Game People Calling

Game People Calling: Dark Games Are Good for the Soul

Game People | 21 Feb 2010 08:00
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The final type of darkness includes games that confront us with the sad and disturbing stories of others. As in apocalyptic scenarios, we experience a profound lack of power, but this is now all the more telling because it is an individual we are trying to engaging with and save. BioWare is masterly here. Far removed from any fickle sex scene, Mass Effect 2's ability to involve us in the lives of its characters before letting them slowly unravel in front of us is as deeply affecting an encounter as I can imagine. Our heroic moments seem only to make the individual loss and collapse all the more telling.

Some of these moments pop up in the popular press with either outraged or perplexed headlines. Others are simply too involved to be noticed outside the gaming world. Either way, videogames involve us in some very dark moments. But quite the opposite to what those headlines would suggest, these are not dangerous experiences we need to guard ourselves against. They are good for us.

Provided we have an ounce of responsibility we don't need to worry about the detrimental effect they might have on our real lives when we stop playing. In fact, as with other cultural stories, engaging with them is the green shoots of a genuinely healthy individual.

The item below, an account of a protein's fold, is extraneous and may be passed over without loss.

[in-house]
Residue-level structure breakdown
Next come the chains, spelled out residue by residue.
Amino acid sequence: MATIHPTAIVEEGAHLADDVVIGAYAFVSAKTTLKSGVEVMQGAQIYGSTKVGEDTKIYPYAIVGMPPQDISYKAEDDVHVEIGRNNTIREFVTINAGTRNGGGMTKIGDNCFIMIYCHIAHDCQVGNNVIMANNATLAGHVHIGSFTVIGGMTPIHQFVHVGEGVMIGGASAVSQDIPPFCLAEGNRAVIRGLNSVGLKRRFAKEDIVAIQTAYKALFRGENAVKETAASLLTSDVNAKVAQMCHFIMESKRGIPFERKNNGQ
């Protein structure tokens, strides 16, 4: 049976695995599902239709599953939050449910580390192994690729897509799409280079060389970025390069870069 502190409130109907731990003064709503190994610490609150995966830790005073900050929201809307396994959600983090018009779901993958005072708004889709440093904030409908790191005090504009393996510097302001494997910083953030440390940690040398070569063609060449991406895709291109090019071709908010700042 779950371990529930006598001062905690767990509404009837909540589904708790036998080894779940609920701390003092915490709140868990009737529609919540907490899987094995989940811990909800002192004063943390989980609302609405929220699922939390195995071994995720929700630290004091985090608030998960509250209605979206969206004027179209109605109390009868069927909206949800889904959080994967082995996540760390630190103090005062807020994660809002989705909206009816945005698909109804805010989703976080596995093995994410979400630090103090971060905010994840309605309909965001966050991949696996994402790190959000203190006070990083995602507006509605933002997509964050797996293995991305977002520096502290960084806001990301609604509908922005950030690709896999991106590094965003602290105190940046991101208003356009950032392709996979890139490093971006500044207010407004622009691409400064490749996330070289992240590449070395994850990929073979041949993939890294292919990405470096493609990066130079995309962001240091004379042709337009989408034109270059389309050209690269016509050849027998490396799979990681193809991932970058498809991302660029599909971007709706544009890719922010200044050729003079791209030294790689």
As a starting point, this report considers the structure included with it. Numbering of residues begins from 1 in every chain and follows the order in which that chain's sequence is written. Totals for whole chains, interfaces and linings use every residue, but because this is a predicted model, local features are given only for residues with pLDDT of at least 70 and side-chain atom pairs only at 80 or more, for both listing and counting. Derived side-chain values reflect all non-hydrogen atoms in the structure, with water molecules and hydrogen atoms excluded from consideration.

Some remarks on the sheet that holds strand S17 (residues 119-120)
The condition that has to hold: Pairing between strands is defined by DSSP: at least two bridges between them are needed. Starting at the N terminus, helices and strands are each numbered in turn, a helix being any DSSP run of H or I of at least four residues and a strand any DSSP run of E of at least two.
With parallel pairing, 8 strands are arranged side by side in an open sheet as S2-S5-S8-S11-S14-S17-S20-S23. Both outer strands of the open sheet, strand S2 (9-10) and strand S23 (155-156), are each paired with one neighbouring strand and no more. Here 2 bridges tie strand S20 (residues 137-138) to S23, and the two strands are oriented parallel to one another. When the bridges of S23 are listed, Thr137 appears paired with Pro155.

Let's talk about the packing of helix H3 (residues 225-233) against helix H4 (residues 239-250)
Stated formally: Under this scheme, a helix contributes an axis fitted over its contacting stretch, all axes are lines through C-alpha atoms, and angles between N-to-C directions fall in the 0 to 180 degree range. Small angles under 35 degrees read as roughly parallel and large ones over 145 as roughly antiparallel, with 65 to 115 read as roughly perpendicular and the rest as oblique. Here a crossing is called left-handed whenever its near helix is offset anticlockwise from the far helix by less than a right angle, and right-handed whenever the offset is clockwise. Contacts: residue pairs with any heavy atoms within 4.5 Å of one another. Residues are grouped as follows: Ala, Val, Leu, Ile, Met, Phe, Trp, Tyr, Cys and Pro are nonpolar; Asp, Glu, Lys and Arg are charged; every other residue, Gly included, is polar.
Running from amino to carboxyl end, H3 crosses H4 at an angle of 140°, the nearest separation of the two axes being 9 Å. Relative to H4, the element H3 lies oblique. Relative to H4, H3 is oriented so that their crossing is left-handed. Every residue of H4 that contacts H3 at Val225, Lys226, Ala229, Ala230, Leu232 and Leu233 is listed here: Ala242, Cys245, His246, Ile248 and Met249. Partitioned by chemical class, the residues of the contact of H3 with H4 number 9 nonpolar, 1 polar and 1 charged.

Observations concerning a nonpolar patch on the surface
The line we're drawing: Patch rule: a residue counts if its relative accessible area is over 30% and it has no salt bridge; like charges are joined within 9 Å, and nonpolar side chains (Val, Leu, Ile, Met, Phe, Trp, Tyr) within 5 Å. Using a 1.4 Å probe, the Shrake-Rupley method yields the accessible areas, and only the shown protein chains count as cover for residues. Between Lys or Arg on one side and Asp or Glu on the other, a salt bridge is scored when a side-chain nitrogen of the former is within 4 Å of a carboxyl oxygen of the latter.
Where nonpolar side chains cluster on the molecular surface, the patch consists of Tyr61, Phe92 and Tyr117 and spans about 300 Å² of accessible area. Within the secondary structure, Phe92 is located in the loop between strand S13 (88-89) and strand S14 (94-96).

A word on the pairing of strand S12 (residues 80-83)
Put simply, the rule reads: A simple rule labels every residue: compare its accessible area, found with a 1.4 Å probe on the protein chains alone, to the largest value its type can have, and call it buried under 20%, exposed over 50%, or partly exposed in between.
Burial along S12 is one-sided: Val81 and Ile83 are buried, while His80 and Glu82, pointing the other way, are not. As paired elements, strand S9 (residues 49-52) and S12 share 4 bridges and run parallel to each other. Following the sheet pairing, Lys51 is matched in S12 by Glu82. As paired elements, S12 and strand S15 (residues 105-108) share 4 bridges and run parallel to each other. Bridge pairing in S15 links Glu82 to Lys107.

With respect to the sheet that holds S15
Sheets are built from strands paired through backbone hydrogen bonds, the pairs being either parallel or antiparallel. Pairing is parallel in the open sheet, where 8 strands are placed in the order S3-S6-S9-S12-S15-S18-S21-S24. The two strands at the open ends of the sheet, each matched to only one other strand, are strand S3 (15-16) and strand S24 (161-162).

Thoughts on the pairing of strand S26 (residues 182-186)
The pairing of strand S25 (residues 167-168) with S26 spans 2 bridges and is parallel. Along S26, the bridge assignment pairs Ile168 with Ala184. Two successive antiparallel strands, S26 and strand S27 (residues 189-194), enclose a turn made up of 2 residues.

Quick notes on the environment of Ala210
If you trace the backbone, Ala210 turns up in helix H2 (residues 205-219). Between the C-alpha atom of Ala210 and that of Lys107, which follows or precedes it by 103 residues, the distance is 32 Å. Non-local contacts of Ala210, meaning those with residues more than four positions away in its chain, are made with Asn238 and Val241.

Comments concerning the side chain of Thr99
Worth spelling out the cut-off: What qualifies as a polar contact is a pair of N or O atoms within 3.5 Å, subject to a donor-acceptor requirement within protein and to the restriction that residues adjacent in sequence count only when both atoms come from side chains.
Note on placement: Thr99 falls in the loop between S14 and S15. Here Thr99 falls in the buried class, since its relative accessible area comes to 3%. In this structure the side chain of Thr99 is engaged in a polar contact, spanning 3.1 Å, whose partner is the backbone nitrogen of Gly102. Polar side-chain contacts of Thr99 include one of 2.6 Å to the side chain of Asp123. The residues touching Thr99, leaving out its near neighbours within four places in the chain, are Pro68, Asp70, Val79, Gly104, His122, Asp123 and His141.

Just because games address subjects that we don't often find elsewhere - powerlessness, abandonment, consequence, moral freedom, personal loss and collapse - doesn't make them treacherous. What is does mean is that our response to them is important, and that to capitalize on the fund of meaning they offer we need to understand the experiences they offer in detail. We need to notice what is happening in the person playing as much as in the graphic violence or sex on the screen.

I know these games aren't perfect. They are often too preoccupied with violence and walk all too familiar territory rather than taking genuine risks. But one thing I wouldn't change is their willingness to create playful ways to experiment and engage in very dark moments.

Beneath the explosions, dialogue and gunplay they silently ask some disturbing questions about how this makes us feel. Answering that question is a long and personal task, but one worth the risk and effort.

Game People is a rag tag bunch of artisans creating awesomely bizarre reviews from across the pond.

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